Back to the Future (1989), based on the film Back to the Future (1985)
Gameplay Video | Emulator
This game features an almost unrecognizable digital instrumental version of the film’s unofficial theme song, Huey Lewis and the News’ Power of Love. You play as Marty trying to collect enough time—in the form of collectible clocks—to move to the next level while evading bullies and an avatar that appears to be a horny Lorraine.

The final level recreates the climactic scene, in which the player must hit 88 mph in the Delorean to get back to 1985. Players will also encounter other challenges such as keeping your guitar in tune at the Enchantment Under the Sea dance (set to a much more recognizable chiptune cover of Johnny B. Goode by Chuck Berry), and an anti-Oedipul mini-game dodging kisses from your mom. According to Wikipedia, the film’s screenwriter called it “one of the worst games ever.” It’s endearing, but he’s not wrong! Electric Dreams Software (oh la la) actually released an earlier Back to the Future computer game in 1985 (with arguably better music than the NES game), but the entire goal of play is to get George to spend as much time as possible with Lorraine. Without context, it appears to be a game about a stalker and is creepy as hell. And because I am a softie for these delightful chiptune covers, don’t miss this full theme from the 1990 Image Works game.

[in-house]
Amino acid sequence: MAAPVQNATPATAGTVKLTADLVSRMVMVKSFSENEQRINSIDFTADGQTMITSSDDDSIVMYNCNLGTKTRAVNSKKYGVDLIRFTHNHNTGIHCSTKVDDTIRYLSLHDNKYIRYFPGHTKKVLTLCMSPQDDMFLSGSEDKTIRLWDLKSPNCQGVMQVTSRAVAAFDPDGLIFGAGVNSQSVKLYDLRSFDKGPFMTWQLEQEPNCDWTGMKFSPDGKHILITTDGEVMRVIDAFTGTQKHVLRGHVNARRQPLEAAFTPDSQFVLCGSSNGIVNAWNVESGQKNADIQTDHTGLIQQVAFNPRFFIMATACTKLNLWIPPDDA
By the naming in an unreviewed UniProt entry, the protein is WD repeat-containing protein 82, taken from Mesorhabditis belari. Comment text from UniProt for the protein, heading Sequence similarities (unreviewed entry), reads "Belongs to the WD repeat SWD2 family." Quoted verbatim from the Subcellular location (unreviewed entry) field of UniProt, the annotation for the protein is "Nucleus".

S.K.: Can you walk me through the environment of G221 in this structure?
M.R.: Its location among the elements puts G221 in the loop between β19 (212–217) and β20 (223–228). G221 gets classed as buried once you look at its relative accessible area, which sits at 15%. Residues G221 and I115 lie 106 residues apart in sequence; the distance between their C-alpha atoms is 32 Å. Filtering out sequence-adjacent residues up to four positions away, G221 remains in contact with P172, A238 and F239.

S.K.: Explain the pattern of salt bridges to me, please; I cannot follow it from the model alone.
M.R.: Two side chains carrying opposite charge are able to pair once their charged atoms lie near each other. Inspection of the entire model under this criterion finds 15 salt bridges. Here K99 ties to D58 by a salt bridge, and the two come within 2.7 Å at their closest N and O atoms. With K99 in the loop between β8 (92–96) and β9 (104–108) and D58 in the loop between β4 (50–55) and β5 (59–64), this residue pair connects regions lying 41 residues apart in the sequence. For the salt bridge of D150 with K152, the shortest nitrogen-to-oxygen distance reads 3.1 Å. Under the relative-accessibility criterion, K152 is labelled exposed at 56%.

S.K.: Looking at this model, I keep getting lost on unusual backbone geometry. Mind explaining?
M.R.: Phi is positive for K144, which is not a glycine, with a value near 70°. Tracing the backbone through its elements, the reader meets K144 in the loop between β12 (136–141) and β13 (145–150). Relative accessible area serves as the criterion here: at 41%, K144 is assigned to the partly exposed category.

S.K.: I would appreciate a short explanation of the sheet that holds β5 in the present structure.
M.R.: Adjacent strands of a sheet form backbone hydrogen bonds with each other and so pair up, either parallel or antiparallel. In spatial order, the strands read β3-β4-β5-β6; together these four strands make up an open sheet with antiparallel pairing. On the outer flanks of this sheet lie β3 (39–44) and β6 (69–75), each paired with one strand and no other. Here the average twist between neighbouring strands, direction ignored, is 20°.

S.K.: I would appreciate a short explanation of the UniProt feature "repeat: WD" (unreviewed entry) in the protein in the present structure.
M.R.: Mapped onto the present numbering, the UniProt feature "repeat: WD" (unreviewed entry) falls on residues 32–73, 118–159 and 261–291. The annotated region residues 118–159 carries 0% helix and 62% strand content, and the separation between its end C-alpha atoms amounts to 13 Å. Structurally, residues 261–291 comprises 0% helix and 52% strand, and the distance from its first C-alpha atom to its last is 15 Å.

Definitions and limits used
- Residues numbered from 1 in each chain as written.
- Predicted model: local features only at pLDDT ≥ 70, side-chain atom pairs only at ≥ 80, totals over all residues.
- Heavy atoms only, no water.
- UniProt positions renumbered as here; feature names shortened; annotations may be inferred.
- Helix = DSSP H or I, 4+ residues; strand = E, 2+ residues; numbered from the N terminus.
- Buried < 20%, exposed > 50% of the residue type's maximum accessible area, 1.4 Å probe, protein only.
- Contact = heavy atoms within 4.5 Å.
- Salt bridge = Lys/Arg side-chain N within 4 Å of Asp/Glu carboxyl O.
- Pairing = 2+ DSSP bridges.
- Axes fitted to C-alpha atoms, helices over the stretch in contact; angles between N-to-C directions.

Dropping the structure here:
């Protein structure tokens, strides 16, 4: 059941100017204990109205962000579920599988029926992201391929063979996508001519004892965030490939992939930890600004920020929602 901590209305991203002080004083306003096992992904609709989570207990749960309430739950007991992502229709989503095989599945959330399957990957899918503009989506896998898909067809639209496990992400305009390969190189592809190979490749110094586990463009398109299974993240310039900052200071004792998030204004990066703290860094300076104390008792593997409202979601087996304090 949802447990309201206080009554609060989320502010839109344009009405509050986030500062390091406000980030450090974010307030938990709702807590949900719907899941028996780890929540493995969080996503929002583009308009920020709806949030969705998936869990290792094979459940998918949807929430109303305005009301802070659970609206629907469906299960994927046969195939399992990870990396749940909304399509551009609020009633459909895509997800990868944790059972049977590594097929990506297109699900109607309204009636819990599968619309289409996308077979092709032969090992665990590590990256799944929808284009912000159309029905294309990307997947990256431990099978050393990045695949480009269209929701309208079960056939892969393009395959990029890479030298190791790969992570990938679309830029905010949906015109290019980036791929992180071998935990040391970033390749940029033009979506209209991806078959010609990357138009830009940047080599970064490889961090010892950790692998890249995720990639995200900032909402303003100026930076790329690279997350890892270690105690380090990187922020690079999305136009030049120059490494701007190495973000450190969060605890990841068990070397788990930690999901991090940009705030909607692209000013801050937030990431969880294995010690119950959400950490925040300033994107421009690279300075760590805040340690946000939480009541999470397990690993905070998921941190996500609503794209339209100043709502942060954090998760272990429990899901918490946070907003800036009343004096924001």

I hate to say it, but there is also a game based on the freaky AF 1986 flick Howard the Duck, which I’m sure is horrifying. There’s a lot more where this came from, so we’ll leave that can of worms for next time.